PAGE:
Songs and dance, as Brinda says, have been an integral part of who we are. “Even when we are leaning back in our seats, a song like Naatu Naatu will get us to sit upright,” she says. Hariharan agrees, stating that this has seeped into the many fragments of our culture. “Normal people, who are not artists, dance and celebrate at weddings; there’s so much music in our lives. The westerners too have started liking it now because a film, even when realistically shot, is a fantasy,” he says. Then adds, “We are different people; we like seeing a hero/heroine, who doesn’t know how to sing, break into a song.”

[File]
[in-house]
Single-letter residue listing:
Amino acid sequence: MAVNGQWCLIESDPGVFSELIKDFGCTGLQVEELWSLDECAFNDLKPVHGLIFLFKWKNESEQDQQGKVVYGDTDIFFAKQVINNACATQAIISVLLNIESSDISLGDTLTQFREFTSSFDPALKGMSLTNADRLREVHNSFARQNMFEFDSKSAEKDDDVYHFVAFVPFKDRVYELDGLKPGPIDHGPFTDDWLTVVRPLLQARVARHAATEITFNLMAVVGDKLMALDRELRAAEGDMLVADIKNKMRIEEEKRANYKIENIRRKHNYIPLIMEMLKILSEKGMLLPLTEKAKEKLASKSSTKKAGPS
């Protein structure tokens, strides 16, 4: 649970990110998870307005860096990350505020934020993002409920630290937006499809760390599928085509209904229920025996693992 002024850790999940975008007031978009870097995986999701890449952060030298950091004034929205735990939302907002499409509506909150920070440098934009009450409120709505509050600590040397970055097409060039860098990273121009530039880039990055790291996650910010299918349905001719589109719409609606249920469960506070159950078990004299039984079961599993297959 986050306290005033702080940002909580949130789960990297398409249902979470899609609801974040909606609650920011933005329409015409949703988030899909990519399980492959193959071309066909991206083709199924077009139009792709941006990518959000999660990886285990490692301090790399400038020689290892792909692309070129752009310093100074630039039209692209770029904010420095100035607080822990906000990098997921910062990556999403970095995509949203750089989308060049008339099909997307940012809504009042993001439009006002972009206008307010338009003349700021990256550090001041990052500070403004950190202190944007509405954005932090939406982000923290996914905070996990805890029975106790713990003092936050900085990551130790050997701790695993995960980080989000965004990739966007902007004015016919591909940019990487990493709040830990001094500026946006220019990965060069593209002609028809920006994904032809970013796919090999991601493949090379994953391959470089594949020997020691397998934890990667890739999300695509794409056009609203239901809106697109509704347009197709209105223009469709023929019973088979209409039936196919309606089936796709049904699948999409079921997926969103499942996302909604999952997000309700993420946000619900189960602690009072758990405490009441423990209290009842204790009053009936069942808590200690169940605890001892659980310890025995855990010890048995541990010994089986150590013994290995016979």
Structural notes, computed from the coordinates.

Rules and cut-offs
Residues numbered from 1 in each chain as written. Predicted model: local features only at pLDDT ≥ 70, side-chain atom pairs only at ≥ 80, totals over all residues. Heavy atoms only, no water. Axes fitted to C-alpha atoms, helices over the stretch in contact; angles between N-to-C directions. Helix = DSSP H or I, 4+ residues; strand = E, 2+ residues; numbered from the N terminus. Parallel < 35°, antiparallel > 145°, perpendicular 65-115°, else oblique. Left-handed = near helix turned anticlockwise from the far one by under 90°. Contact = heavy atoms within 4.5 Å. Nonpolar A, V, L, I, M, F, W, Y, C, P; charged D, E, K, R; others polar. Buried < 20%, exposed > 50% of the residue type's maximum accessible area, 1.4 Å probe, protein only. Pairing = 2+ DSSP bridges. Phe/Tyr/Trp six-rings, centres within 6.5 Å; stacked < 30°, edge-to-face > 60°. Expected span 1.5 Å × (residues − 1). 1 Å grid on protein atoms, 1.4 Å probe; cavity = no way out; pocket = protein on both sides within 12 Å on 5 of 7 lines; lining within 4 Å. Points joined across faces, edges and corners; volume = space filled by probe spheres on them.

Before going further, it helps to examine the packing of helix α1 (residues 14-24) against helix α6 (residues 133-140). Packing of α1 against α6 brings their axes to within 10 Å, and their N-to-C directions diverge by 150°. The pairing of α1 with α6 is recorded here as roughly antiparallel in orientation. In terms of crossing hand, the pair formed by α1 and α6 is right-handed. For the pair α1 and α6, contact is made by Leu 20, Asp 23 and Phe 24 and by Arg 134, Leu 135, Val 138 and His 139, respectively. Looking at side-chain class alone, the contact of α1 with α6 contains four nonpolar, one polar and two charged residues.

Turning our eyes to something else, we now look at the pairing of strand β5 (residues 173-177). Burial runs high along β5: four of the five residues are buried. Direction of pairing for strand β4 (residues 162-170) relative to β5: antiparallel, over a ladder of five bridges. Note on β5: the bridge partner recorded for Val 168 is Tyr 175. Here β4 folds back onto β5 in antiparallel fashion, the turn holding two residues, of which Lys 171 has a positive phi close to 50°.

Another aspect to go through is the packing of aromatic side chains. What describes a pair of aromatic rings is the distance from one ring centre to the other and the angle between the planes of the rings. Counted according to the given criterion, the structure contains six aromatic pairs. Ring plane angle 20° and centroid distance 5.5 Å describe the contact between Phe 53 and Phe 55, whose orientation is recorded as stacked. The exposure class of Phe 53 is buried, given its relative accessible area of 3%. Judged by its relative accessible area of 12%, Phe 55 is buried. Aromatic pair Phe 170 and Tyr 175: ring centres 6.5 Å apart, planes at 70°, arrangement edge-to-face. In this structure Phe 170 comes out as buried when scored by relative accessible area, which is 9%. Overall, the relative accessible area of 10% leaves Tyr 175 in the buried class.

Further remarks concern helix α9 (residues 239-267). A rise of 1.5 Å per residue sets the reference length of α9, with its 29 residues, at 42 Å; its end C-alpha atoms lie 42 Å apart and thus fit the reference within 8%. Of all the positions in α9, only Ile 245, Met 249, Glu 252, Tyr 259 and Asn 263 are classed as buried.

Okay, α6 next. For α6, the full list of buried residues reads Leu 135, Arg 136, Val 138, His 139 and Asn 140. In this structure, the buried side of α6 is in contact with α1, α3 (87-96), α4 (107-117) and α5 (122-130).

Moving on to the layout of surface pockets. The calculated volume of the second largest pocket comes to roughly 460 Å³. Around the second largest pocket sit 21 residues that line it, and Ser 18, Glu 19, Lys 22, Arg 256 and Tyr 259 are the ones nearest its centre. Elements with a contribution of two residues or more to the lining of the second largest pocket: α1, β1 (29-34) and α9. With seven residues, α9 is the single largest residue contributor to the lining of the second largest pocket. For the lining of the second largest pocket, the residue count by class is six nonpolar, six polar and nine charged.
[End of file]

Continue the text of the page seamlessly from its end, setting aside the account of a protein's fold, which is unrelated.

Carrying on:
The rise of desi-pop culture
When it comes to how films are being consumed, a win at the Oscars will take Indian culture across the globe as it happened to South Korean cinema, says filmmaker Pushkar of the Pushkar-Gayathri filmmaking duo. “It was a very conscious decision on the Koreans’ part. They started with their films and music, and now, we can hear K-Pop everywhere.”
Pushkar says while it is mainly Indians consuming Indian content, even abroad, an Academy Award win will change that. “It’s like what Oldboy and Crouching Tiger, Hidden Dragon did earlier or what Squid Game and Parasite did recently.” Further, Pushkar believes this re-establishment of Indian pop culture to the world will help even the smaller films and not just the big-ticket spectacles.